It may seem either a conceit or foolishness on my part to suggest that shorter selections can often get at the heart of a social theory (the conceit being that I have been able to do this well). Teachers who do not want to teach shorter selections from a big book are not wrong to think this way. A good many of them (myself included) get around the problem by assigning whole books to provide what Social Theory does not or cannot. I have regularly assigned the whole of Weber’s Protestant Ethic and the Spirit of Capitalism (while excusing college students from responsibility for the footnotes, which constitute more than half the book’s mass). Why this book? One reason is that I love the challenge of encouraging students to learn to follow a long and sometimes wayward argument that covers what, to them, can be weirdly obscure subjects like extra ecclesium nulla salus. But also because, Emerson notwithstanding, I do believe that reading books is important and that everyone should do it often. I happen also to think that Weber’s book is one of the few from which it is very difficult to snatch a few pages to make the main points.

This brings me to another generic point that, to me, has never been more important than now: Read! We all know that not many kids today read books. This does not mean they are stupid. But it does mean that when they become students pursuing higher degrees, they are often ill equipped to do the work. Social theory and other kinds of writing can be difficult if readers have not spent a lifetime facing the daunting task of reading long and complicated books, whether fiction or nonfiction. I am not actually a gifted reader. I grew up in a home without books. My wife, on the other hand, has been reading since she was a child when she locked herself in the only family bathroom to read War and Peace. I am seventy-five and that book is still on my list. Very long. I have tried to read Dickens’s Bleak House. It drives me crazy. Last summer I gave up. At my age, I must save time for War and Peace. On the other hand, Dickens’s Great Expectations is also long and I could hardly put it down. Tastes are always involved in what one reads. In school, teachers usually determine what is required according to their own tastes. But students and other readers just getting into the habit serve themselves very well if they take what is required then follow it by spending time in a good library wandering through undiscovered stacks. If you browse, you will find all manner of mysteries.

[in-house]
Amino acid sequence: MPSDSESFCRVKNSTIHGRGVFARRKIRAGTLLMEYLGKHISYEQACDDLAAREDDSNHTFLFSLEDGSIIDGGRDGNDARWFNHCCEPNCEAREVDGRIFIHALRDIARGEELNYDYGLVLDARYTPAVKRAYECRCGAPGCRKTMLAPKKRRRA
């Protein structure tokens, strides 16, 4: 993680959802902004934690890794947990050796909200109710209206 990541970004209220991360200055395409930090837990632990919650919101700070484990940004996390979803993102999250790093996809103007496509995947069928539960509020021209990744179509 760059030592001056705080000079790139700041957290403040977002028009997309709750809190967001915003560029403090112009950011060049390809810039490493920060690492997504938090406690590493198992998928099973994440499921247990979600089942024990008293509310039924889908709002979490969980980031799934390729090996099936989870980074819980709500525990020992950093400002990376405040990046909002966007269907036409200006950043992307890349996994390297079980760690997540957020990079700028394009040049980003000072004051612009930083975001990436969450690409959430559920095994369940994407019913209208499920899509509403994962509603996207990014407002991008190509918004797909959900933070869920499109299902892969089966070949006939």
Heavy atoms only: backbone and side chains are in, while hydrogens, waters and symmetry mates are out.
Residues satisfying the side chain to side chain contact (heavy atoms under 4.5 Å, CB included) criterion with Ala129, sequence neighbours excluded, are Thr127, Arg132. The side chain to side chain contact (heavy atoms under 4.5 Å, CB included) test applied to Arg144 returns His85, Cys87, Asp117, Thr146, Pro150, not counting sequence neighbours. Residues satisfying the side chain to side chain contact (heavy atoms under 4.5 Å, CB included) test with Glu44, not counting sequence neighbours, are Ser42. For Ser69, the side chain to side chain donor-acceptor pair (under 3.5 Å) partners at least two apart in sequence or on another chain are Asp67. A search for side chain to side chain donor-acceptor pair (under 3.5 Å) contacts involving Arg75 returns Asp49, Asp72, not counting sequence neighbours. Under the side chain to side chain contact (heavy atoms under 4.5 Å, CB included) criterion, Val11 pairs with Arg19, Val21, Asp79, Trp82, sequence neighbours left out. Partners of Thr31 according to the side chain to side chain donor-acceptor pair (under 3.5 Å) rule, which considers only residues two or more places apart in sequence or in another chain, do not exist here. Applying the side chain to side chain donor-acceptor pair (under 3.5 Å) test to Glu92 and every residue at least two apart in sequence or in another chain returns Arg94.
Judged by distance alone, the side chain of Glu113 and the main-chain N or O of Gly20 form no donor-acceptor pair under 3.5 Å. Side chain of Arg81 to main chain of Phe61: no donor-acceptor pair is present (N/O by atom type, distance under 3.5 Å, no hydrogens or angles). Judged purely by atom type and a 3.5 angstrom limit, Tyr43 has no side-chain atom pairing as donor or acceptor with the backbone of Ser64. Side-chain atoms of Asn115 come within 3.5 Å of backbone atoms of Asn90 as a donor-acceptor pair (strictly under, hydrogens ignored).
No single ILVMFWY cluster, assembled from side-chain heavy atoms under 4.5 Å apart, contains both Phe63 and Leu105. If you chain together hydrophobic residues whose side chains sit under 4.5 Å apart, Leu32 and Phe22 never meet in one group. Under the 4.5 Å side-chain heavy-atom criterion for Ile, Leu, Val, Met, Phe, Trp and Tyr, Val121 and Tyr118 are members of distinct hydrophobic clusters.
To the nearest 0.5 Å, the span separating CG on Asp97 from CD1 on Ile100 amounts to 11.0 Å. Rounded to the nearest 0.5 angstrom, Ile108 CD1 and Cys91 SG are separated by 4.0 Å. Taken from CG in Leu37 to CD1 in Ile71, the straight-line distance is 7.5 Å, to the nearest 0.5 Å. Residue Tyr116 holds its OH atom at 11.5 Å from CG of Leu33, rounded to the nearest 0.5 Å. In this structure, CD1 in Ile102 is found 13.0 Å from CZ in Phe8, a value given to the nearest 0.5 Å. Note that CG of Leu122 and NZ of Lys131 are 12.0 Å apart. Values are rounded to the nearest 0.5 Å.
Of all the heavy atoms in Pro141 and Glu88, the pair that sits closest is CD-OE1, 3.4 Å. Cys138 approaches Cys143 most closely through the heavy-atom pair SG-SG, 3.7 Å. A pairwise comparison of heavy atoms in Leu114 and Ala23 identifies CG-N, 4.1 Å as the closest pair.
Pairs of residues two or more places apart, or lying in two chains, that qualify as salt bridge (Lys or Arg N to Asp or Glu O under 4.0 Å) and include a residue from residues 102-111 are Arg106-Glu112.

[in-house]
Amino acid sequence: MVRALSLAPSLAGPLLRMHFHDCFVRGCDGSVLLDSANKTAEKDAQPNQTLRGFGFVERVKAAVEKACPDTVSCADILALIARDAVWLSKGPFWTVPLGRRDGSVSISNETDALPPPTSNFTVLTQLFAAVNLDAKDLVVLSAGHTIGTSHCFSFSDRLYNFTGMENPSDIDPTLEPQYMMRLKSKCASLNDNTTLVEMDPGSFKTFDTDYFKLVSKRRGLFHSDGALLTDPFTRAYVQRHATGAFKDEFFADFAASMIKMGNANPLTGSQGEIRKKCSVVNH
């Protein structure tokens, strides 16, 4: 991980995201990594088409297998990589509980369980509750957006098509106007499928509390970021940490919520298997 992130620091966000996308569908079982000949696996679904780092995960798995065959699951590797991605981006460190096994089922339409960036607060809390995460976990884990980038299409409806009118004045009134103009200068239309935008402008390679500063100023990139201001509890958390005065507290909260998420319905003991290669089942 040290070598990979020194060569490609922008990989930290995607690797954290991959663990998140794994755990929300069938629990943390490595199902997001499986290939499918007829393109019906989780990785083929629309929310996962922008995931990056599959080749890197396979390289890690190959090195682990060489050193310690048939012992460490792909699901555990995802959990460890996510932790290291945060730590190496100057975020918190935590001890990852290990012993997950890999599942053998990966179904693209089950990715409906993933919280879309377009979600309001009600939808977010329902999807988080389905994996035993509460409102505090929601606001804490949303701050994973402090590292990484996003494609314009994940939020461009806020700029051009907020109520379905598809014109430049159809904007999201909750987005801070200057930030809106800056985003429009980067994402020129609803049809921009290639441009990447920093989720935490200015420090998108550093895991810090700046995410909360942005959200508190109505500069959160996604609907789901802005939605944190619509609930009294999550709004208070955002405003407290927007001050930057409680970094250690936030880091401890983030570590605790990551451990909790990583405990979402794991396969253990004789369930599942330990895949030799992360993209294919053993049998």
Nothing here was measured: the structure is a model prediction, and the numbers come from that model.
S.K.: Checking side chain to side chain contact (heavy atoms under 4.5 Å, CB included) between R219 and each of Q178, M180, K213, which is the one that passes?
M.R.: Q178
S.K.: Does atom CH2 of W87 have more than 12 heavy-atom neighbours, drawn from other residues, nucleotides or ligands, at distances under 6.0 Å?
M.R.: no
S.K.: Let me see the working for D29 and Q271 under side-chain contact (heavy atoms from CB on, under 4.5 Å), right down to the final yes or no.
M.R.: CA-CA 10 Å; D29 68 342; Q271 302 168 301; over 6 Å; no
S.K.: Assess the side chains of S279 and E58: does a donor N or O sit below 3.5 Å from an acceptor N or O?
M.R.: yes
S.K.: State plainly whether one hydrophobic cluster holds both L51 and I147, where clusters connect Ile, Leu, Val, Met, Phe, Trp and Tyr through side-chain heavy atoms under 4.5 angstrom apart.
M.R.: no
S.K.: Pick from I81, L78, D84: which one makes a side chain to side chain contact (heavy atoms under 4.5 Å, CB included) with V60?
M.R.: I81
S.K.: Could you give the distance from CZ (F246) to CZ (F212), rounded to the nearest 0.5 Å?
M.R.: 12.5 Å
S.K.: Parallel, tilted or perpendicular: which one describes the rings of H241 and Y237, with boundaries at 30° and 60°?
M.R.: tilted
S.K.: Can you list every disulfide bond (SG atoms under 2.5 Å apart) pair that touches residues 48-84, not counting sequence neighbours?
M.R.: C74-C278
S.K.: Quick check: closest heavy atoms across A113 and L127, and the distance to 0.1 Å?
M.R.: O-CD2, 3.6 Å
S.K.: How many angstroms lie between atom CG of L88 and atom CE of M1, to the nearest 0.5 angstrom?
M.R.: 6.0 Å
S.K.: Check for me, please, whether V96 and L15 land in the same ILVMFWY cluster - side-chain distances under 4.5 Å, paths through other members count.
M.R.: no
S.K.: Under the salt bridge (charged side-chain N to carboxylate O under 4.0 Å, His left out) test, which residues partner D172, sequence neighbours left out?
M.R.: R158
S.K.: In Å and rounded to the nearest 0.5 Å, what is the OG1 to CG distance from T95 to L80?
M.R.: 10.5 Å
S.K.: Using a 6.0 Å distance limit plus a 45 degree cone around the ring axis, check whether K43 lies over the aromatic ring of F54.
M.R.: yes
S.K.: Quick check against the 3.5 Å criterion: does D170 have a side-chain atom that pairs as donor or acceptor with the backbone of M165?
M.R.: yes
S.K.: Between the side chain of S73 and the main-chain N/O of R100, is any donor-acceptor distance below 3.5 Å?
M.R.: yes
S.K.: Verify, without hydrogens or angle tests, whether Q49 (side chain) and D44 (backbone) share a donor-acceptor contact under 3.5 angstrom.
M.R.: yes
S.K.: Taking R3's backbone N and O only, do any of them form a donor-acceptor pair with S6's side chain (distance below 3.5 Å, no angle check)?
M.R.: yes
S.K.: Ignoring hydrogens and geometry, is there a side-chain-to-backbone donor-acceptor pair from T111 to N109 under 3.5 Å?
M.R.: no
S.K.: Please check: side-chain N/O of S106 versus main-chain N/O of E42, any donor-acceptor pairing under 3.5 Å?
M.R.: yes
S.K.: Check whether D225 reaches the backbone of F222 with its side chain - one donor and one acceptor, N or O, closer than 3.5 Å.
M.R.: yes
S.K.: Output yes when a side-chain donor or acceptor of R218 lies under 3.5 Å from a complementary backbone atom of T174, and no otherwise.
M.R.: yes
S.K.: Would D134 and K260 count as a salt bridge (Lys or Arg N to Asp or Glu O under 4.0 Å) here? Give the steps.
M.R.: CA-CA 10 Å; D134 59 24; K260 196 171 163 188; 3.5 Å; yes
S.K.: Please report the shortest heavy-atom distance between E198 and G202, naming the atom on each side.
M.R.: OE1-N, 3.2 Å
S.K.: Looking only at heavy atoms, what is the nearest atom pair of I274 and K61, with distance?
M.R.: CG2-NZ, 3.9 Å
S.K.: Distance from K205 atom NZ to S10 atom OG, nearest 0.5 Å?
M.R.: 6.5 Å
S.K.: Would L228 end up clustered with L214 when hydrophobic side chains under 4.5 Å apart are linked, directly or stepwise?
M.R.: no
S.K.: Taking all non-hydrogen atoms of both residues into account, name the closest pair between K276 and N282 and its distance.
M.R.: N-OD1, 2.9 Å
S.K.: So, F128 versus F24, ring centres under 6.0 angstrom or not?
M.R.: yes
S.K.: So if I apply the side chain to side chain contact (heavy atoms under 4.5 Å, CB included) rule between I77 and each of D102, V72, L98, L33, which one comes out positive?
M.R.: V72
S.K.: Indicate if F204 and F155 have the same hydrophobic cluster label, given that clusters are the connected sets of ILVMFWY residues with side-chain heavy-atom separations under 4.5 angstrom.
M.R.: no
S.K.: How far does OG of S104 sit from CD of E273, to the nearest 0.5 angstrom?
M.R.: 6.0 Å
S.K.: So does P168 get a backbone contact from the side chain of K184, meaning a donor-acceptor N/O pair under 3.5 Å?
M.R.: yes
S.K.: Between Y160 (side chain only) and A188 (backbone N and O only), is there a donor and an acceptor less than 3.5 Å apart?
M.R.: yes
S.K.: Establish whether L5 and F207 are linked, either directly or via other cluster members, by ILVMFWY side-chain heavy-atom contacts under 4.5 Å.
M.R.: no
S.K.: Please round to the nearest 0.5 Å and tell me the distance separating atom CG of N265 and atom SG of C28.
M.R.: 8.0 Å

One Sunday, as my wife and I rode the E train uptown, I read. Having lost interest in the subway ads for hemorrhoid laser surgeries, I had brought along a collection of Raymond Carver’s short stories, What We Talk About When We Talk About Love. I finished the first story in the few stops between Canal Street and Penn Station. I paused only a moment. My wife said, “Amazing, isn’t it?” I just nodded. It was.

Later, while we were walking in the park, on the East Side just north of the zoo, a jogger lunged toward us at a good pace. His stride was strong but broken. He was crippled. Cerebral palsy, we thought, saying little else. After, we took the shortcut to the Westside. Soon, he came again, having already circled most of the six-mile circuit. Then, my wife said, “I’ve seen him running here for years. Think of what it takes.” I did. I imagined a solitary life, ordered around chaotic limbs, a life he ran with dignity among hundreds of beautiful bodies on roller blades. She had her thoughts, too. We said a little, but less than you would suppose.